BIOL110s05-41 - BIOL 110 Principles of Biology Spring 2005 Quiz#7(Last Quiz up ~Today Quiz(microbes plants animal Tissues& homeostasis

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Unformatted text preview: BIOL 110: Principles of Biology Spring 2005 Quiz #7 (Last Quiz!): up ~Today Quiz!): (microbes, plants, animal Tissues & homeostasis). Lecture 41, W 5/11/05 Extra Credit: Stanford Talk, and 2nd Journal Article due TODAY, 5/11. NO Late E.C. will be accepted!!! Midterm 3 (if <70%), Rewrite/Extra Credit due by Fri., 5/13. WED. & MON. Field Trip: Edgewood Park (@ 280 & Edgewood Road) Trip: Grade for participation & Worksheet!!! (Replace 1 quiz!!!) Bring: Good shoes/boots, light-colored clothing/pants, notepad & worksheet, shoes/boots, lightworksheet, binoculars?, hat, sunblock, water, snack? hat, sunblock, Wed.: Meet at 8:10am, leave at 8:20am. DON'T BE LATE! DON' Next Mon.: Meet at Old Stage Camp entrance, 1:10pm. We leave up the Sylvan Sylvan Trail at 1:20pm. Maps, info: Next: Ch. 25, 23, 29 & 30, (31, 32). 30, 32). Meet Here!! 1 REVIEW: Ch. 23: Immunity Barriers tissue, fluid; Cells phagocytes, NK Nonspecific chemicals lysozyme, complement lysozyme, Immunity specific for each pathogen!! & Memory TODAY: Ch. 23: Immunity Immunity specificity & Memory! B cells humoral, antibody-antigen humoral, antibody Intra-cellular pathogens Intra- T cells cell-mediated immunity cell Extra-cellular pathogens Extra- Memory and Effector Cells When a B or T cell is stimulated to divide, it produces more than one cell type Memory cells are set aside for future use; they are the basis for immune memory Effector cells engage and destroy the current threat Macrophage 2 B. Key Components of Immune Response 1. MHC markers = "tags" that sound the "alarm" tags" alarm" 2. Antigen-presenting cells (APCs) = "scouts" Antigen(APCs) scouts" B cells Dendritic cells - executioners Macrophages marching soldiers & executioners ....many other cells of the body.... body... 3. Helper T cells (Th) = "buglers" rally the troops! (Th) buglers" 4. Effector cytoxic T cells (Tc) = "skilled swordsmen" (Tc) swordsmen" 5. Natural killer cells (NK) = "frontline swordsmen" swordsmen" 6. B cells = "archers and taggers" taggers" NK cells?? eosinophils neutrophils basophils T mast cells lymphocytes lymphocytes (mature in bone marrow) (mature in thymus) B forerunners of the white blood cells (leukocytes) ? stem cells that multiply and differentiate in bone marrow monocytes (immature phagocytes) red blood cells (erythrocytes) mature macrophages dendritic cells megakaryocytes platelets Ch. 22 3 Overview of Interactions Antibody - mediated response Cell - mediated response AntigenAntigenpresenting cell Naive B cell (APC) Naive helper T cell Effector B cell (plasma cell) interleukins interleukins Naive cytotoxic T cell Activated helper T cell Effector cytotoxic T cell Phagocytosis and Antigen Presentation Inside APC antigen framents MHC molecule antigen-MHC complex 4 C. B Cell Formation Derived from stem cells in bone marrow Acquire unique antigen-binding receptors in marrow Receptors interact with just one antigen Exposure to that antigen causes clonal selection Division of cells specific for that antigen Clonal Selection of a B Cell Only the B cell with antigen-receptor that matches antigen is stimulated to divide B1 B2 B3 antigen binds only to antibody specific to it on a nave B cell. na antigen Mitosis yields many cells with that receptor B2 B2 B2 B2 Clonal population of effector B cells Clonal effector B cells secrete the SAME SPECIFIC antibody 5 D. Immunological Memory Memory cells specific for an antigen are quickly activated to divide upon subsequent exposure to that antigen Primary Immune Response: naive T or B cell effector cells memory cells Secondary Immune Response: effector cells memory cells Figure 23.6 Page 394 E. Lymphocyte Battlegrounds Lymph nodes filter antigens from body fluids Macrophages, dendritic cells, B cell and T cells in nodes and spleen mount a defense 6 VI. Antibody-Mediated Response Carried out by B cells Targets are extracellular pathogens and toxins Antibodies bind and mark target for destruction by phagocytes and complement Also neutralize and agglutinate (corral) Antibody Structure Antibody consists of four polypeptide chains Linked by disulfide bonds antigen-binding site variable region of heavy chain antigen-binding site hinge region (flexible) Certain parts of each chain are variable; impart antigen specificity IgG, IgD, and IgE IgA variable region of light chain constant region of light chain IgM 7 antigen on surface of bacterial cell variable region of heavy chain antigen-binding site hinge region (flexible) antigen-binding site binding site on one kind of antibody molecule for this specific antigen variable region of light chain constant region of light chain constant region of heavy chain antigen on surface of a virus particle binding site on a different antibody molecule for this specific antigen Antibody- Mediated Response "Nave"/virgin B cell becomes antigen-presenting B cell Helper T cell binds to antigen-MHC complex on the B cell Interleukins stimulate B cell division and differentiation Effector cells secrete Antibodies, which: 1. 2. 3. 4. Neutralize antigens, Agglutinate antigens, Enhance phagocytosis, phagocytosis, Activate complement Naive B cell Antigenpresenting B cell Helper T cell Interleukins Effector B cell secretes antibodies Memory B cell 8 Click to view animation. animation VII. Cell-Mediated Response Carried out by T cells Stimulated by antigenpresenting macrophages Main target is antigenpresenting body cells (cells with intracellular pathogens) or tumor cells Infected One macrophage Ingested Another macrophage interleukins Cytotoxic interleukins T cell Helper T cell Infected body cell Intracellular pathogens Intracellular pathogens 9 Click to view animation. animation Organ Rejection Cytotoxic T cells can contribute to rejection of transplanted tissue They recognize a portion of the donor cell's MHC complex as self, view a portion as foreign Treat the combination as an antigen-MHC complex and attack donor cells 10 D. AIDS Combination of disorders that follows infection with HIV Human Immunodeficiency Virus Includes Yeast (Candida) infections Pneumocystis pneumonia Karposi's sarcoma HIV Replication RNA retrovirus A protein (gp120) at virus surface binds to host cells with CD4 and chemokine receptors These receptors occur on helper T cells Once bound, RNA and viral enzymes enter the host cell Viral RNA is reverse-transcribed to DNA HIV DNA is called provirus; it inserts into host DNA (integrates) The host cell makes copies of viral DNA and viral proteins that assemble to form new virus particles 11 lipid envelope (proteins span it, line its inner surface, spike out above it) strands of viral RNA (two) viral coat (proteins) viral genes are integrated into the host DNA viral RNA enters cell DNA is transcribed reverse a strand of viral RNA undergoes reverse transcription viral DNA viral RNA viral proteins budding integrase transcriptase STRUCTURE OF HIV host cell Fig. 35.21, p. 593 T Cell Decline 1. Release of new viral particles kills the host T cell new helper T cells! infect 2. The body is constantly making new T cells, but cannot outpace the rate of destruction 3. As infection proceeds, T cell numbers inevitably decline 4. EFFECTS of T cell Decline: 1. CD4 helper T cells play a vital role in immune function 2. They are required for both cell-mediated celland antibody-mediated immunity antibody3. Infected individual becomes vulnerable to other infections, which eventually result in death HIV-infected T-cell HIVT- 12 Transmission of HIV 1. HIV does not live long outside human body 2. Most often spread by exchange of bodily fluids with an infected person 3. In the U.S., anal intercourse and needle sharing are main modes of transmission 4. Less commonly transmitted by vaginal intercourse and oral sex 5. Can travel from mothers to offspring during pregnancy, birth, or breast-feeding 6. Not known to be transmitted by food, air, water, casual contact, or insect bites Treatment 1. No cure 2. Once HIV genes are incorporated, no way to get them out 3. AZT, and other drugs slow the course of the disease and increase life span 1. Inhibit Reverse Transcriptase (copies viral RNA genome) 2. Can't replicate makes defective DNA Can' (nucleotide analog can't be polymerized) can' 4. Researchers continue to develop drugs and to work toward an AIDS vaccine 13 ...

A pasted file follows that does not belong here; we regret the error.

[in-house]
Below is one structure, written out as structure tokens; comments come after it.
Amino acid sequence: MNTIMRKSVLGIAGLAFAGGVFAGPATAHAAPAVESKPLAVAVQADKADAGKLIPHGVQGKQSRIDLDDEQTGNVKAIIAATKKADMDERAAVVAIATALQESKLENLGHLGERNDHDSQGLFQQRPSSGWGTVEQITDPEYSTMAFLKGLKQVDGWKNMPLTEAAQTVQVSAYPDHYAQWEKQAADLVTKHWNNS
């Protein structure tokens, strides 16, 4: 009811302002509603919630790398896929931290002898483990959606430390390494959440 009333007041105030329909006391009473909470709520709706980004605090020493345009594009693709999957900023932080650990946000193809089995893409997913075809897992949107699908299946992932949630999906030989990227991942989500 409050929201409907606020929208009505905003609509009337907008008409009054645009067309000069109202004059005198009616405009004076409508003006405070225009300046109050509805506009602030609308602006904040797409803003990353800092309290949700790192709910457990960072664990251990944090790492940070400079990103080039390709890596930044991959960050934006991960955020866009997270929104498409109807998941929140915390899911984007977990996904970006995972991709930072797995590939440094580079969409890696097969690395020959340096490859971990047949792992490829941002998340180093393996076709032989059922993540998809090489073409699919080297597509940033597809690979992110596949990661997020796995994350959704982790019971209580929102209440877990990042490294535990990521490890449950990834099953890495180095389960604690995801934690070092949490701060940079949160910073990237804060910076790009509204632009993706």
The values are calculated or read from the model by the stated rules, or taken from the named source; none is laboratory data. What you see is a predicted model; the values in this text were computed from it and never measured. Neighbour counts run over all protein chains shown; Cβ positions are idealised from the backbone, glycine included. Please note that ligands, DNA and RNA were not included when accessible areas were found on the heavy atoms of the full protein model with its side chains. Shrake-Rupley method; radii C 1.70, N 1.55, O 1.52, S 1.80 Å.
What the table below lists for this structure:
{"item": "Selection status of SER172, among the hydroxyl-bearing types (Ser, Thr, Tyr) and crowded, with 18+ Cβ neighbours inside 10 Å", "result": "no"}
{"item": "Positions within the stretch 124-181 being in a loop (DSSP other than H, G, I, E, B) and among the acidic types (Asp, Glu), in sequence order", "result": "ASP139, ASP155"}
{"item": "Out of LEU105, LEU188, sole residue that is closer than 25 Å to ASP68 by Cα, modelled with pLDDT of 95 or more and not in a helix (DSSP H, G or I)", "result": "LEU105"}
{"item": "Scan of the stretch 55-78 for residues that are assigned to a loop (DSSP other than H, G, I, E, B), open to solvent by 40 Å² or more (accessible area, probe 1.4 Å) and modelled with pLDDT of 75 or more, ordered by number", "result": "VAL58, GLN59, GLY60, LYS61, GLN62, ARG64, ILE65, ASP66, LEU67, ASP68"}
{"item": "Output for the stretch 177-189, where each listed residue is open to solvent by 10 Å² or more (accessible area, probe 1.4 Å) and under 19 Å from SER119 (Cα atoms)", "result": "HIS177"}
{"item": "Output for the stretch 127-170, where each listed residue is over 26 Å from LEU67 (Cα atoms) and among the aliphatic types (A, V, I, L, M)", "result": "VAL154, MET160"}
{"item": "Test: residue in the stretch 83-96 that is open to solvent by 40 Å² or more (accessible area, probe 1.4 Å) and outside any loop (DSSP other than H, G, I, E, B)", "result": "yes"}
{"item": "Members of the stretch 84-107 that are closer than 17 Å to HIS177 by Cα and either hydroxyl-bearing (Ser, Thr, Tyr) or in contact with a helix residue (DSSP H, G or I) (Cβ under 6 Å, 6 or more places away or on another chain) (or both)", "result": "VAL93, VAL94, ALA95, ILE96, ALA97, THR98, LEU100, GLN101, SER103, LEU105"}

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This document was uploaded on 03/18/2010.